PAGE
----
'The quicker you make decisions, the better you'll cope with League of Ireland'

Cork City U19 boss Dan Murray is preparing players for senior
'The quicker you make decisions, the better you'll cope with League of Ireland'

Cork City's Liam Kearney celebrating a goal against Longford with Dan Murray at Turner's Cross. Picture: Richard Mills.

IN the same way that players come up the ranks, so it is that new Cork City U19 manager Dan Murray has progressed through the age-grades.

Following the appointment of Liam Kearney as head of the club’s academy recently, City have set about confirming the managers of the various underage sides. Murray, who captained City to the 2005 league title, 2007 FAI Cup and 2008 Setanta Cup, has taken the U19 reins, with Steven Beattie as coach and Paul Howard in charge of strength and conditioning; David Moore is U17 manager, Steve Bermingham guides the U15s and Greg Yelverton will lead the U14s.

Last year, Murray was with the City U17s, whose season was curtailed due to Covid-19, and prior to that he and Billy Woods had two years with the U15 team. It means a strong level of familiarity with many of those with whom he will engage this year.

“The first-year U19s, who were U17 last year, I’ll have had them U15, U17 and U19,” Murray says.

“I’d like to think that I have a good idea of what they’re like now anyway!

“When Liam asked me to do it, I was keen as I enjoyed working with the U17s last year. It wasn’t that I didn’t enjoy it with the U15s, but I think I can give more to the older players.

“What I feel my job as U19 manager now is helping to bridge the gap between U19 and senior, which is obviously massive. I have to try to shorten that down to that, if Colin needs the players, they’re as ready as they can be.

“I’m trying to produce players that he might look to use in the first team.”

And what is the biggest part of the leap required for a player seeking to establish himself in the senior set-up?

“I think it’s a bit of everything, really,” Murray says.

You’ve some players who take to it really quickly. The big differences are the pace and the physicality and decision-making, more than anything.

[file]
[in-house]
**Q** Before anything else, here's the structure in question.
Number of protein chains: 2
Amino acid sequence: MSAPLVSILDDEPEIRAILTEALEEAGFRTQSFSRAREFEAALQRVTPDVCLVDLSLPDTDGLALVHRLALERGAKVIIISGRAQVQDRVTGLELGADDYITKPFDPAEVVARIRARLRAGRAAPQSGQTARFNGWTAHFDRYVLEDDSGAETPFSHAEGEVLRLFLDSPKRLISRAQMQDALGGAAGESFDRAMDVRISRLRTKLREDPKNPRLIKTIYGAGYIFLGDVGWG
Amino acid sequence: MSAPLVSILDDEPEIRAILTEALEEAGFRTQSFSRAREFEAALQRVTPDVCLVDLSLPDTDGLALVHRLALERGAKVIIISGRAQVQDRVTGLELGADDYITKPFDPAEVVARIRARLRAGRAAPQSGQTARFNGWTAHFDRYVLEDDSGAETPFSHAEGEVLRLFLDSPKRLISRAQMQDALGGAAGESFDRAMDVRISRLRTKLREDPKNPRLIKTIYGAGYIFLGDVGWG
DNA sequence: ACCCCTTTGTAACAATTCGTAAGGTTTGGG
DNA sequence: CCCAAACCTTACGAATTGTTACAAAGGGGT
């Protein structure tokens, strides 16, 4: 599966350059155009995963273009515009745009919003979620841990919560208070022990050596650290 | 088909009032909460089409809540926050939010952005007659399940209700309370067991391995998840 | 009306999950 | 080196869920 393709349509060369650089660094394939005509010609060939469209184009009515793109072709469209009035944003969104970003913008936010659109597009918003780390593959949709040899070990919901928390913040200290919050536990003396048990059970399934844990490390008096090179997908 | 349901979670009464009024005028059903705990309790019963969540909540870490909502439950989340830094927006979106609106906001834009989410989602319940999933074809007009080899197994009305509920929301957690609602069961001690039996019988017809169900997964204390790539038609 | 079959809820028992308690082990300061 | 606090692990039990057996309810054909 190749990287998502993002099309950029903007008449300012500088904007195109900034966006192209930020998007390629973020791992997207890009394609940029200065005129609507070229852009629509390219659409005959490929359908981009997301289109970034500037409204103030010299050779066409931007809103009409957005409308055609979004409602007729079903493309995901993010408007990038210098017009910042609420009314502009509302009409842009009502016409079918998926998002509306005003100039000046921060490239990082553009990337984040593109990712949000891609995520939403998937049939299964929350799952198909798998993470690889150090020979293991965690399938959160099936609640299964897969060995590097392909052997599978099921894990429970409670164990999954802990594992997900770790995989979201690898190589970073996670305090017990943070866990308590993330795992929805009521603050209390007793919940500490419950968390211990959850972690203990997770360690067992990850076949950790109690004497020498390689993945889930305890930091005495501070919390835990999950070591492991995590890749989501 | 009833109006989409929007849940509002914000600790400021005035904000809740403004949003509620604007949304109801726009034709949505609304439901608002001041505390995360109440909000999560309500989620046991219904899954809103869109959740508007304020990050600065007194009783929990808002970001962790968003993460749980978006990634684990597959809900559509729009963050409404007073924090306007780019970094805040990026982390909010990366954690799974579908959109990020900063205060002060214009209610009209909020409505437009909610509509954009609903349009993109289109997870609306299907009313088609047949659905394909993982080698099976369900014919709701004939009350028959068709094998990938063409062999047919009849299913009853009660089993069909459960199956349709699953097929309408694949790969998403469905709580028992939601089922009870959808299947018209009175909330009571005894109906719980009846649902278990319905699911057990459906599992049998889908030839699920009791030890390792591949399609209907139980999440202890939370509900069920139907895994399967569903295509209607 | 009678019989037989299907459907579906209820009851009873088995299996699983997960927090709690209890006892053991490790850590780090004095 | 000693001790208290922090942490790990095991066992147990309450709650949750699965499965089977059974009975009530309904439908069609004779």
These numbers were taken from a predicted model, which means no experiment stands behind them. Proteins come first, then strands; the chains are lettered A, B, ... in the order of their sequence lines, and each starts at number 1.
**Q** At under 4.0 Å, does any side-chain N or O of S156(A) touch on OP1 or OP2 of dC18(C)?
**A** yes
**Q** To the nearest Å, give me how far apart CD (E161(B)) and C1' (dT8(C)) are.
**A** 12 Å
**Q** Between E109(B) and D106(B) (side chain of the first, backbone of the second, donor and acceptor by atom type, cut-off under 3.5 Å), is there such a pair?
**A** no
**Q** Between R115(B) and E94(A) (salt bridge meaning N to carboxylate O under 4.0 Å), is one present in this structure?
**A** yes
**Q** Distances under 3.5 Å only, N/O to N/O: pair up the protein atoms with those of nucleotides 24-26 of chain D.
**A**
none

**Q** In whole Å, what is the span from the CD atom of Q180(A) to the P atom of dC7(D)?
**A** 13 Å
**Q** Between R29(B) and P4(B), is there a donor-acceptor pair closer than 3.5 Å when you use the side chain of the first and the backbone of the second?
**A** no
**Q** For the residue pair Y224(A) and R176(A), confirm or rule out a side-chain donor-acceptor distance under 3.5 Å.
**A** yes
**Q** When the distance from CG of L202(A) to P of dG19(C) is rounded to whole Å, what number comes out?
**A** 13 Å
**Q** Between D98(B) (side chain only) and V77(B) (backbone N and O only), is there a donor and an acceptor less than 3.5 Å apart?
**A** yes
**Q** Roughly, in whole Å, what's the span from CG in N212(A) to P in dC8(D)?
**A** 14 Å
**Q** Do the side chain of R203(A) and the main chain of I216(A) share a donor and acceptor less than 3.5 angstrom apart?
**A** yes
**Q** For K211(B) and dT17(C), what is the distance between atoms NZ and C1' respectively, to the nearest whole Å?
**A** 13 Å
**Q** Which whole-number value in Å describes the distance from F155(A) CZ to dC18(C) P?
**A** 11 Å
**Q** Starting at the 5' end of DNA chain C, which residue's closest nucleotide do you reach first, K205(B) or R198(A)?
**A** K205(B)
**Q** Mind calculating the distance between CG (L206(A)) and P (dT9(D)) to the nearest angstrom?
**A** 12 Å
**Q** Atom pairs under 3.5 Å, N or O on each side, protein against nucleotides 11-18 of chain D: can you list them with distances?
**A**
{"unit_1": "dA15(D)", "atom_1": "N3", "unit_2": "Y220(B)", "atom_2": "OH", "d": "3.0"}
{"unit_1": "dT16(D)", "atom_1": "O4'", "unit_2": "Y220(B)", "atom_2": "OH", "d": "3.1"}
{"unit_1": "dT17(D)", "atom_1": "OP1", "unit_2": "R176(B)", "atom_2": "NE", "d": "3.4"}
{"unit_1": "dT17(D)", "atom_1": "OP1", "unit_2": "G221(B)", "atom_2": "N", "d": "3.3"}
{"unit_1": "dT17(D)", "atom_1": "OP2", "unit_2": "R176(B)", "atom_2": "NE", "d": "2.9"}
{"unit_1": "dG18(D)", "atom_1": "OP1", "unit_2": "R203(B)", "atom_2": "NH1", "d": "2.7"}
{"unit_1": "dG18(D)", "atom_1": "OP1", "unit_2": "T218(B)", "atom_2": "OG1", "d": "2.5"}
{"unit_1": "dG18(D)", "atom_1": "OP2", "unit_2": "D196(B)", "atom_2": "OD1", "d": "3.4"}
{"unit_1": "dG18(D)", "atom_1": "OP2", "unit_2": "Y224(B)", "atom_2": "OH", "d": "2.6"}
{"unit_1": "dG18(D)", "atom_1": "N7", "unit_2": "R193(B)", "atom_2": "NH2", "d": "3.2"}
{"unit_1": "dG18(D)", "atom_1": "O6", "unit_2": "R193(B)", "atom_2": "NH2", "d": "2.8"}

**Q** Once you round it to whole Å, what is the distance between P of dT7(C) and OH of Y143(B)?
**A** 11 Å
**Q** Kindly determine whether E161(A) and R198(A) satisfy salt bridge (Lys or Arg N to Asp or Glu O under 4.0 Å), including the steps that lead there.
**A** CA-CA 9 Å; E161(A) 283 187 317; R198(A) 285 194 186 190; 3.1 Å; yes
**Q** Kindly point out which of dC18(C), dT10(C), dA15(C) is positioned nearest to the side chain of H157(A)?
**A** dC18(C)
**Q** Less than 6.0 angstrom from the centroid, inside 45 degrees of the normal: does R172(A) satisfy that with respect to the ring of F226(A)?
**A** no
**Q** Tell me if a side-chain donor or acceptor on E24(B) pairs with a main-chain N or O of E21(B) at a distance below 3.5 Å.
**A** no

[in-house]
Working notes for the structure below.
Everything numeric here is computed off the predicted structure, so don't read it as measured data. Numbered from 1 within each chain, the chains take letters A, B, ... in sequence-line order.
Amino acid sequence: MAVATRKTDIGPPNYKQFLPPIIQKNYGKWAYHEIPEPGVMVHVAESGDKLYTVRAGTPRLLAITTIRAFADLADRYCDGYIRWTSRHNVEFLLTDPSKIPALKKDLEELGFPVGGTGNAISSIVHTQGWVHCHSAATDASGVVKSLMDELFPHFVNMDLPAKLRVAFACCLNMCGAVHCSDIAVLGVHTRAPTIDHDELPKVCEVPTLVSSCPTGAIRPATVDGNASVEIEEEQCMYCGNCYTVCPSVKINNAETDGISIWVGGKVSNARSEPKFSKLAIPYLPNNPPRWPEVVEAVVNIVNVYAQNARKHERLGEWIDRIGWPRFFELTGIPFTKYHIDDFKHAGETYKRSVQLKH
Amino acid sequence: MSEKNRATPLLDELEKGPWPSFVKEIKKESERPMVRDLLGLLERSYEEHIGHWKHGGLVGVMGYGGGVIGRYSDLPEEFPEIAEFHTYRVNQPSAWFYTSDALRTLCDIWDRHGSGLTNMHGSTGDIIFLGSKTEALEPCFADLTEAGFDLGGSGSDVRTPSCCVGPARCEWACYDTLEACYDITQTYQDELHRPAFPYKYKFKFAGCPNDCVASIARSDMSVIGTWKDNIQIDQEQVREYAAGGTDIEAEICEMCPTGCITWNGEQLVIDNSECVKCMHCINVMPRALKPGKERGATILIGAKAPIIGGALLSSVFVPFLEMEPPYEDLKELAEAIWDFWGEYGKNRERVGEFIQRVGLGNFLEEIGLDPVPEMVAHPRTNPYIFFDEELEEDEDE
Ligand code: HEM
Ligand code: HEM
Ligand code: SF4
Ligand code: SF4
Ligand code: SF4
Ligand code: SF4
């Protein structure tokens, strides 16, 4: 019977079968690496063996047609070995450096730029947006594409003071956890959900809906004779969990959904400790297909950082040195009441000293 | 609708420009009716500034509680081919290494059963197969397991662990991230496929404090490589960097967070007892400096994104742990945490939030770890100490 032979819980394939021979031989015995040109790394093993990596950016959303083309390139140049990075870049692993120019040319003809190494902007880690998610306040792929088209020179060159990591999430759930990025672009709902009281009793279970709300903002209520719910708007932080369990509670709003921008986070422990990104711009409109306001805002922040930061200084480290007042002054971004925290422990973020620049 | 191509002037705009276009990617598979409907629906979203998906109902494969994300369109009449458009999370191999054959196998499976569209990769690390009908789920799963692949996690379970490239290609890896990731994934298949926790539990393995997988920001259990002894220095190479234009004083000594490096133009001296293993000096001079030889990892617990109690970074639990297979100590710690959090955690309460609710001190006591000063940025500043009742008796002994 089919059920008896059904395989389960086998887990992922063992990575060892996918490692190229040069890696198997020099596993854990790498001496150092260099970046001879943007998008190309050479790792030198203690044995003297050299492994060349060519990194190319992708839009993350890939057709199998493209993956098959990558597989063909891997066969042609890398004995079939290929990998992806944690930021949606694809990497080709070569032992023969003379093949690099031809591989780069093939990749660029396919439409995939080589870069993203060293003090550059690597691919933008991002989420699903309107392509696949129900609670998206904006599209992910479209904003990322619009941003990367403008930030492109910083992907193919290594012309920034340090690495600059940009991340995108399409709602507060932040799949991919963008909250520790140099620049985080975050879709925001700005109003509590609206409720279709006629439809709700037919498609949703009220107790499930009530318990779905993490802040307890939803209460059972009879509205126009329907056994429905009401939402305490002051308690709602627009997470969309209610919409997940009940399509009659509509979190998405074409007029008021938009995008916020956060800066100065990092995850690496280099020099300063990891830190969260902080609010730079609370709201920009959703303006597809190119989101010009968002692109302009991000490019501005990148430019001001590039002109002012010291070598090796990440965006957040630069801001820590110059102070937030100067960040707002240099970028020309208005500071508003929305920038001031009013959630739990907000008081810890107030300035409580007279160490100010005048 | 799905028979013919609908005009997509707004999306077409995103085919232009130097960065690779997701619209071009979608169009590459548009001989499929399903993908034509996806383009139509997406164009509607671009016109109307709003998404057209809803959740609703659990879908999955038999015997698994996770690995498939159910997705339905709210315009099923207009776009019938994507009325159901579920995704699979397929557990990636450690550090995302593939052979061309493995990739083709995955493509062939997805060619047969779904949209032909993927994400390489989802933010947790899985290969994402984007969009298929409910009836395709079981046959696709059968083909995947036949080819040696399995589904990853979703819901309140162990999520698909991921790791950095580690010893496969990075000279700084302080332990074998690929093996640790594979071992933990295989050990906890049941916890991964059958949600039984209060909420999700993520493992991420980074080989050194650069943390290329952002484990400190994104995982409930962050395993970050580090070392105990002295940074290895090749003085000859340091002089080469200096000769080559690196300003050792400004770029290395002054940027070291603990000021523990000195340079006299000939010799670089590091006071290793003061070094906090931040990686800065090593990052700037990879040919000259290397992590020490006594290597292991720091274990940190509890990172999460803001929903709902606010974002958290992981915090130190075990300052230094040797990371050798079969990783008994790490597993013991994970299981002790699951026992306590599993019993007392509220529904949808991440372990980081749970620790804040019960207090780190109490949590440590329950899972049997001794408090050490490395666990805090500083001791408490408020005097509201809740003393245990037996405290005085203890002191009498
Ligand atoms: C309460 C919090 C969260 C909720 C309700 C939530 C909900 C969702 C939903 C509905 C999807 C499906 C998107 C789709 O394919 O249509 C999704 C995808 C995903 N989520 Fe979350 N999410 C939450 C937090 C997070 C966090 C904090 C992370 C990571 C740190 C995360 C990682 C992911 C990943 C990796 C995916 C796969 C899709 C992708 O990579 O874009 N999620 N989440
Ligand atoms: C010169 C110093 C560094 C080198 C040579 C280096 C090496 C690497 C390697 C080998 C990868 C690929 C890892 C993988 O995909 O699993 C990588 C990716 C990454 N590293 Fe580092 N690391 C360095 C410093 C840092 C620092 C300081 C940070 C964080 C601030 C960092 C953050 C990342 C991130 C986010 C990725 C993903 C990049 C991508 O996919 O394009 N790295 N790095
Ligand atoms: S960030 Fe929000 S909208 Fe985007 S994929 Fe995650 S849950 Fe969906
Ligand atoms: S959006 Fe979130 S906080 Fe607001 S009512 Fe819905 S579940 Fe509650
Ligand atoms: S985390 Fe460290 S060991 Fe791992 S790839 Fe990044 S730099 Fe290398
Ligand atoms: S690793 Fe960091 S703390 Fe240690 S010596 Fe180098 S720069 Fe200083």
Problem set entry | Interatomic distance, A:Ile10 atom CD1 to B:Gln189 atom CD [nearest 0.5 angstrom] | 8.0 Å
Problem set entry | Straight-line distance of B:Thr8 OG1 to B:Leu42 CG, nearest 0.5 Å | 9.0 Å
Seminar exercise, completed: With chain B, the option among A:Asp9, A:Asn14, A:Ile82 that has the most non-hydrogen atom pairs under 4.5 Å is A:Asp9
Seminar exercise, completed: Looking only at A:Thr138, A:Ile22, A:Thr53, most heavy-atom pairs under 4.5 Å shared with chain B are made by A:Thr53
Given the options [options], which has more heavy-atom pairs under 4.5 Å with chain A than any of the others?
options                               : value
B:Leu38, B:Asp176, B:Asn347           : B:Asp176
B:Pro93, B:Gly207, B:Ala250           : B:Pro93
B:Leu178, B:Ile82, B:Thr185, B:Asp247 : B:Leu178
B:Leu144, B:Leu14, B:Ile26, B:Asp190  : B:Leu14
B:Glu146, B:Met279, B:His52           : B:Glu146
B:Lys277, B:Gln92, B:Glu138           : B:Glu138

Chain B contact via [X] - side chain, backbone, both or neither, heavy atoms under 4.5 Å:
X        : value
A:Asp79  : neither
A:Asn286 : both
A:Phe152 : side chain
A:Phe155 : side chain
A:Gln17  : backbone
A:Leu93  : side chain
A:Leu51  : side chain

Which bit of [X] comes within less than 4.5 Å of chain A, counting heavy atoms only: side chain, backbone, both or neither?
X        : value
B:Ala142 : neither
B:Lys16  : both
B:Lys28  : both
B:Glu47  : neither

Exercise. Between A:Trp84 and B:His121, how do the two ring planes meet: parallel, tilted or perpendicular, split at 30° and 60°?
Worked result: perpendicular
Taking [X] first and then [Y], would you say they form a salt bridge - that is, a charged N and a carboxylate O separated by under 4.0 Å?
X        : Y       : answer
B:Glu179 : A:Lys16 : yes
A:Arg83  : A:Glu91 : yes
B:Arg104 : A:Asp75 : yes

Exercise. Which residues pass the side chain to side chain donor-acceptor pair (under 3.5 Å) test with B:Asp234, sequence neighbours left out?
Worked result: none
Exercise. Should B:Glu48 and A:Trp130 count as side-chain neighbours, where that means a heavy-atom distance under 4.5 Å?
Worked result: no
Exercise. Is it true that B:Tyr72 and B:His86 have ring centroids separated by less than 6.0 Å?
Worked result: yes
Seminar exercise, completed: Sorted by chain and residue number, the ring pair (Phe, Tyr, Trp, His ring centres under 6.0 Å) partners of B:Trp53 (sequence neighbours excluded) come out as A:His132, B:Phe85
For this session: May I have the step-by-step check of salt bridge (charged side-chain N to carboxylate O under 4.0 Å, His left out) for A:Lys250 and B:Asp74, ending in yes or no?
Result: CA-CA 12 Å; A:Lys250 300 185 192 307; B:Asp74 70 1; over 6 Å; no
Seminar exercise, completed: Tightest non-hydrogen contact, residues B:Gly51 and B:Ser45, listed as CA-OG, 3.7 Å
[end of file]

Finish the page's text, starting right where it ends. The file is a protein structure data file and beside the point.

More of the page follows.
“That’s something I’ve really noticed coming up through the age-groups – the quicker you make decisions, the better the players are and the quicker they adapt to playing at a higher level.

“Being able to make quick decisions under pressure leads to more successful players.”

Murray, who also captained Shamrock Rovers to the League of Ireland in between his two spells with City, will obviously be looking to guide the U19s to success, but of course there is a dual objective in that progressing the players is also a key priority.

To that end, the tactics of Colin Healy’s senior team will be replicated, to an extent.

New Cork City senior management John Cotter and Colin Healy, with Dan Murray, U19 boss. Picture: Denis Minihane.
New Cork City senior management John Cotter and Colin Healy, with Dan Murray, U19 boss. Picture: Denis Minihane.

“To give the lads the best possible chance of going from the U19s to the first team, that’s what we’d look to do,” he says.

“Obviously, every game’s going to be different in that you’ll have different bodies and you’ll be playing against different formations, but the basics of the formation the first team will be playing and the principles they use will be similar to how we operate.

“Colin knows the players already as well as anyone so he’ll have a good idea of what’s coming through and what he needs from each one.”

Given that there is such a strong presence of former players, the preservation of the club’s ethos is all but assured.

“When you play for Cork City, you have to believe in what the club is all about,” Murray says.

“Me being a manager, Steven Beattie, Colin obviously and Liam Kearney now and the other underage managers, they all know what Cork City is about and where we need to be and where we’re looking to go.

“The academy has been going great the last couple of years and we have to keep pushing.

“We’re probably a little bit off some of the Dublin clubs but that’s got to be our goal, challenging them and winning things at underage.

“The biggest thing is producing players for the first team but then producing good people as well. Liam said it already, it’s about producing good kids that, if they’re not going to be footballers, they’ve still got something out of Cork City’s academy when they do go on to whatever else they do.”

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